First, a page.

Recapturing Time in H-1B Status
Recapturing H-1B Time Spent Outside the United States
As a general principle, days spent outside of the United States during the validity period of an H-1B petition will not be counted toward the 6-year maximum period of stay in the United States in H-1B status. When a beneficiary applies for an extension of stay, days spent outside the United States can be "recaptured and added back to his or her total maximum period of stay," provided those absences are properly documented. USCIS memo by Michael Aytes (October 21, 2005).
This policy is based on USCIS adopting as binding policy guidance the unpublished AAO decision Matter of IT Ascent, EAC 04 047 53189 (September 2, 20005). The AAO held that when an employee is outside the United States, he or she is technically not in any status for U.S. immigration purposes. And so, if absences (even non-business-related absences) from the United States can be adequately documented, the time spent outside the U.S. can be "recaptured" at the time an extension of stay is requested. "Any trip of at least one 24-hour day outside the U.S. for any purpose, personal or business, can be recaptured."
Detailed documentation that independently corroborates the time spent outside the United States must be presented when filing an I-129 petition that claims recapture time.
USCIS Adjudicator's Field Manual § 31.3(g)(9)(B)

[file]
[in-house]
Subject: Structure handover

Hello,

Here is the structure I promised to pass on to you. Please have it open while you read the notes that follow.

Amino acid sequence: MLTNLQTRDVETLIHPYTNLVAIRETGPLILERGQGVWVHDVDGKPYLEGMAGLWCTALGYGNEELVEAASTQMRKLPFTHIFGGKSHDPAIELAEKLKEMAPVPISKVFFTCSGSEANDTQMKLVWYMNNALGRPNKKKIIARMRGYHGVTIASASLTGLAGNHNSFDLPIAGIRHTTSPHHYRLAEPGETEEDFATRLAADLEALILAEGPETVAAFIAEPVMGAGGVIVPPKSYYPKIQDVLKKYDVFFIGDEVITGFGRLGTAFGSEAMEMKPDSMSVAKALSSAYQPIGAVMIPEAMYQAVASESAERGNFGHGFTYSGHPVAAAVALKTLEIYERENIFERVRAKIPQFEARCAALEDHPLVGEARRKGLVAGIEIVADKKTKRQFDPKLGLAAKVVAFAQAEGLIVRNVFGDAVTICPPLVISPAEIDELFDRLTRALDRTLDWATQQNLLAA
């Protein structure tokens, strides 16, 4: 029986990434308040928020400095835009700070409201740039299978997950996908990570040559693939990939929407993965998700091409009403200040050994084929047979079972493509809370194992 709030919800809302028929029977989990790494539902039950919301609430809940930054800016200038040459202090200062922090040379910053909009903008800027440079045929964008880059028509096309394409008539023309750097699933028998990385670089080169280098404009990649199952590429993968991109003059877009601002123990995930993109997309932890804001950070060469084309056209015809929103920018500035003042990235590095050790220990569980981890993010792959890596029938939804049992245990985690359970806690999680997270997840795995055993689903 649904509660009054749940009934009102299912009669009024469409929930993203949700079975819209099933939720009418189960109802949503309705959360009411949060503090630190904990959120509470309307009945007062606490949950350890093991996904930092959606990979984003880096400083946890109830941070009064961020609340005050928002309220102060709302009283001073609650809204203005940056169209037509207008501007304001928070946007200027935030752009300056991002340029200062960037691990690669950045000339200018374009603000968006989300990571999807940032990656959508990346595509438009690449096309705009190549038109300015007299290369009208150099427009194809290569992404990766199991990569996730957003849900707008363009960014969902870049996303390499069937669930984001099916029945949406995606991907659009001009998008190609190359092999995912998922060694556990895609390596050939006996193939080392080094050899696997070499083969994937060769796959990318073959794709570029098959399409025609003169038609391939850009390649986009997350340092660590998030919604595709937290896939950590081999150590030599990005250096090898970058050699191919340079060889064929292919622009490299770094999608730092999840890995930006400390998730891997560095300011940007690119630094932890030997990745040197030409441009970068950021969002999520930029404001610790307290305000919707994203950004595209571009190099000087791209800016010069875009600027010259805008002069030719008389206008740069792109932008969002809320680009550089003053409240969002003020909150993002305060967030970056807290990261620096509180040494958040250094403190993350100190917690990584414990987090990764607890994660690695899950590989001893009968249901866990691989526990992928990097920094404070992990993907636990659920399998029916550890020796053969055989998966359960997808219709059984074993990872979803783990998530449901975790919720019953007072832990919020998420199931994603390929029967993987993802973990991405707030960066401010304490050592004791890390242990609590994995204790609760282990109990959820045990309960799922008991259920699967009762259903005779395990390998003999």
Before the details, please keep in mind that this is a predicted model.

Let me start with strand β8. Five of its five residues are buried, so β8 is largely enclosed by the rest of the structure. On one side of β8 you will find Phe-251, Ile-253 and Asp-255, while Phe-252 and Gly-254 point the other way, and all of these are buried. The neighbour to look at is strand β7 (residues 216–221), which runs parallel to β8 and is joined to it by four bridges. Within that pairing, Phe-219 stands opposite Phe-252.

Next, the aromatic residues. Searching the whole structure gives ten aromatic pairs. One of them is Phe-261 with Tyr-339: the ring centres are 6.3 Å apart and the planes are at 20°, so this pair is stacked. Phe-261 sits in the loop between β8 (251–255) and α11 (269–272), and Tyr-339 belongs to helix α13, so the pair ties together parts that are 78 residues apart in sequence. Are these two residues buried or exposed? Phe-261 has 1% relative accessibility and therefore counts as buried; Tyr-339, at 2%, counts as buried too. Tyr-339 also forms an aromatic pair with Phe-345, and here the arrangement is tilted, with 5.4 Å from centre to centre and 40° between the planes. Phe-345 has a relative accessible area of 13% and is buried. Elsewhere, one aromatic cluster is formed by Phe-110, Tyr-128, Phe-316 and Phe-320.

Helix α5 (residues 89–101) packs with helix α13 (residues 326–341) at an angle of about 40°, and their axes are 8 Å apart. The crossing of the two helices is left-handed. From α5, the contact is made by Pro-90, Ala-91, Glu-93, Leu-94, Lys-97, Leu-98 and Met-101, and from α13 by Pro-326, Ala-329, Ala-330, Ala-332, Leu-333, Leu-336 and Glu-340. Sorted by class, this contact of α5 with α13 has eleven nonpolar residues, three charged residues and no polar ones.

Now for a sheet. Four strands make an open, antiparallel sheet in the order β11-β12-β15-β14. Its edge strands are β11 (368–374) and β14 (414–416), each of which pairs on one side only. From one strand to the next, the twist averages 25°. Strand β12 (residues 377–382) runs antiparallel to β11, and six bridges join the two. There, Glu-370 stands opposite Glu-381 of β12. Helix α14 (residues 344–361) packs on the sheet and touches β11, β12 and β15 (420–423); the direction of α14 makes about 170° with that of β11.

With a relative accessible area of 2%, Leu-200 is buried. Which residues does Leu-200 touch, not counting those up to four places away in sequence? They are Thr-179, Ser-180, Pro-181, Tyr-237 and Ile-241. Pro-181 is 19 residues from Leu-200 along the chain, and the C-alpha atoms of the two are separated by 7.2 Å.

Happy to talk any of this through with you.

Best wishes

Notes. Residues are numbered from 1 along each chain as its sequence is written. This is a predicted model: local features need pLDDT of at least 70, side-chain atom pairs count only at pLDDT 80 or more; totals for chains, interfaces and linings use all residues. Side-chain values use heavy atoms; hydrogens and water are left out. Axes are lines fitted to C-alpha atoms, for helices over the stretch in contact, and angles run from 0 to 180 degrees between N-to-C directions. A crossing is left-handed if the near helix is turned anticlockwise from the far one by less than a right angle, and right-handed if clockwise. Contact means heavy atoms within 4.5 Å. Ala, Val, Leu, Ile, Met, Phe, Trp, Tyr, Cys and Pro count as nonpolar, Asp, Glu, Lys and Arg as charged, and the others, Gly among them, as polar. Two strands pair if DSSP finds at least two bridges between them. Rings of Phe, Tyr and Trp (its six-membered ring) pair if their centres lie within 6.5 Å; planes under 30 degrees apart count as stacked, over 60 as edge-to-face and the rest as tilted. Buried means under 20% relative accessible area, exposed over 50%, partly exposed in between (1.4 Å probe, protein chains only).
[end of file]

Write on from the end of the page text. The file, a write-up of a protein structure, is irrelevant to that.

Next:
(B) Evidence. The burden of proof remains with the H-1B petitioner and/or the H-1B beneficiary to submit evidence documenting any and all exact periods of physical presence outside the United States when seeking an extension of petition validity and extension of stay as an H-1B nonimmigrant. The petitioner and/or beneficiary are clearly in the best position to organize and submit evidence of the beneficiary's departures from and reentry into the United States. While petitioners often submit a summary and/or charts of travel and the number or days spent out of the United States, which eases review of the accompanying documentation, petitioners are also required to submit independent documentary evidence establishing that the alien was outside of the United States during all the days, weeks, months etc. that he or she seeks to recapture (e.g. photocopies of passport stamps and/or Form I-94 arrival-departure records).
The more clearly the documentation supports any summary statement, the better. Any periods of absence that are claimed, but not corroborated by documentation, will not be counted. For example, if a petitioner claims that the beneficiary was absent for a total of six months, but only has documentation corroborating 4 months, USCIS will only grant 4 months of "recaptured" time.